So which animals should we domesticate? My husband says we should domesticate raccoons, opossums, skunks, capybaras, hyenas, bats, and manatees “because they’re cute,” and ravens, dolphins, and bears “because they’re useful.” (I’m not sure what purpose he thinks bears are useful for and did not ask for elaboration.) When I fielded the question on Twitter I got a variety of answers, but raccoons and ravens seemed to be recurring themes. Private ownership of ravens native to the United States is illegal because of the Migratory Bird Act of 1916. Theoretically, you could import foreign raven species to get around this law, but it isn’t ideal given the arduous regulations surrounding the import of foreign birds, not to mention laws in their native range which may prohibit their capture and sale. In order for a domestication project to work efficiently, you’d want to start with a large population from which the most genetically desirable could be selected. Foreign species aren’t really conducive to that in a highly regulated environment. Raccoons, on the other hand, are a perfect population to start with. Apart from their ubiquity in the wild, a small but long standing captive breeding population already exists due to fur farming and the exotic pet trade.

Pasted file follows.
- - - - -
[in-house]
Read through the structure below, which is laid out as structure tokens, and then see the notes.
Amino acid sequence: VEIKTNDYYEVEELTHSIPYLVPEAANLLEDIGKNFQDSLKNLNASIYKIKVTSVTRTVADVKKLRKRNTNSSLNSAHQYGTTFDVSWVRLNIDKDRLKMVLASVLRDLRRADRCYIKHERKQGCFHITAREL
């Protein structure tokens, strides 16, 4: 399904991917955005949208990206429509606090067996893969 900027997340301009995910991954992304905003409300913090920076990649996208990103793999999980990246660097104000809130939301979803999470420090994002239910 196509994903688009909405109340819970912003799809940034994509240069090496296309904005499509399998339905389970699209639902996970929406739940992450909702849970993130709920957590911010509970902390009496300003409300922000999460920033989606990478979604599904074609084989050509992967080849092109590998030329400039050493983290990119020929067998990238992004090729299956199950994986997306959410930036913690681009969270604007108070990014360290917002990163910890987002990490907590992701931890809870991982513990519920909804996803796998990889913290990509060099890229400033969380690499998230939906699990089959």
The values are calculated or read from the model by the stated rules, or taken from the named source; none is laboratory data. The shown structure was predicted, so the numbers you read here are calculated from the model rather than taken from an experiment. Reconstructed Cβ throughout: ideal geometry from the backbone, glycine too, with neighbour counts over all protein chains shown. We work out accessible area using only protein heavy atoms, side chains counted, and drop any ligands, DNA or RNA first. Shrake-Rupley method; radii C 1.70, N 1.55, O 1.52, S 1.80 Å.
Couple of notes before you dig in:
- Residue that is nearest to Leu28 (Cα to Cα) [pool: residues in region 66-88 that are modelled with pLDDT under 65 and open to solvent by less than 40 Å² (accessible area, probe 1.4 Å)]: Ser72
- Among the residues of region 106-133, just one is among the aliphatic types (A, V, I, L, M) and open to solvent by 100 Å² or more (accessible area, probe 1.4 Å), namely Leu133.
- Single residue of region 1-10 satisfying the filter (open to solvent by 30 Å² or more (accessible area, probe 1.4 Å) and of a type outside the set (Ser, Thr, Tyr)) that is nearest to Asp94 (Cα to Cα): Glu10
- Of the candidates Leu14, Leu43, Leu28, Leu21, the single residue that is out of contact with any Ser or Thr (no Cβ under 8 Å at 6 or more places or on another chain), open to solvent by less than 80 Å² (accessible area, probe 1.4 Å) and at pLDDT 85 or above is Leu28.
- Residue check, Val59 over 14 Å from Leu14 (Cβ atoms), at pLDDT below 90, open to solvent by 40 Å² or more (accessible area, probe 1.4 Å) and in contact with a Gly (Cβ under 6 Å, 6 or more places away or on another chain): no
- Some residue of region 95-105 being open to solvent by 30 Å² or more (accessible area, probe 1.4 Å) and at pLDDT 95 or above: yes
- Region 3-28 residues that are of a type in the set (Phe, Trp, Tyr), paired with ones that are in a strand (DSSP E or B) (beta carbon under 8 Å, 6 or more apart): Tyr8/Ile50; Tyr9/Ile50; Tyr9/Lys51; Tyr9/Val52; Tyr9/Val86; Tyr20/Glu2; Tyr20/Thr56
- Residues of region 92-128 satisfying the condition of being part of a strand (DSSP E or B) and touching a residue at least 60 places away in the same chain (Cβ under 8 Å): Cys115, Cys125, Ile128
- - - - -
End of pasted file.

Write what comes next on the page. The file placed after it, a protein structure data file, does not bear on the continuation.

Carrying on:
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The raccoon could be domesticated in a similar fashion to the domesticated silver fox. In the mid-20th century, the fox, like the raccoon today, had a longstanding captive bred population that was selected mostly for size and color, producing some morphological changes but few behavioral ones. That started to change in the 1950s, when Soviet scientist Dmitri Belayev theorized that whatever genes were involved in the evolution of wolves into dogs might be present in their canine relative: the fox. He started testing the temperaments of silver foxes on fur farms across the Soviet Union, and noticed that within a few generations, some foxes were slightly more accepting of people than others. Excited about the prospect of creating a dog-like fox, he recruited a young researcher named Lyudmila Trut who acquired a population of foxes from fur farms, and in 1960 the two began selecting for the calmest 10 percent in their population. Within six generation, or about six years (foxes sexually mature at 10 months and have a gestation period of about two months), a subset of the foxes licked the researchers’ hands, whined when they left, and wagged their tails when humans approached. Basically, they were dogs. If this could be done in 6 years, a decade before the advent of genome sequencing in 1977, imagine the speed in which we could turn raccoons into house pets, reducing aggression and (given the destructiveness of curious raccoons) trainability.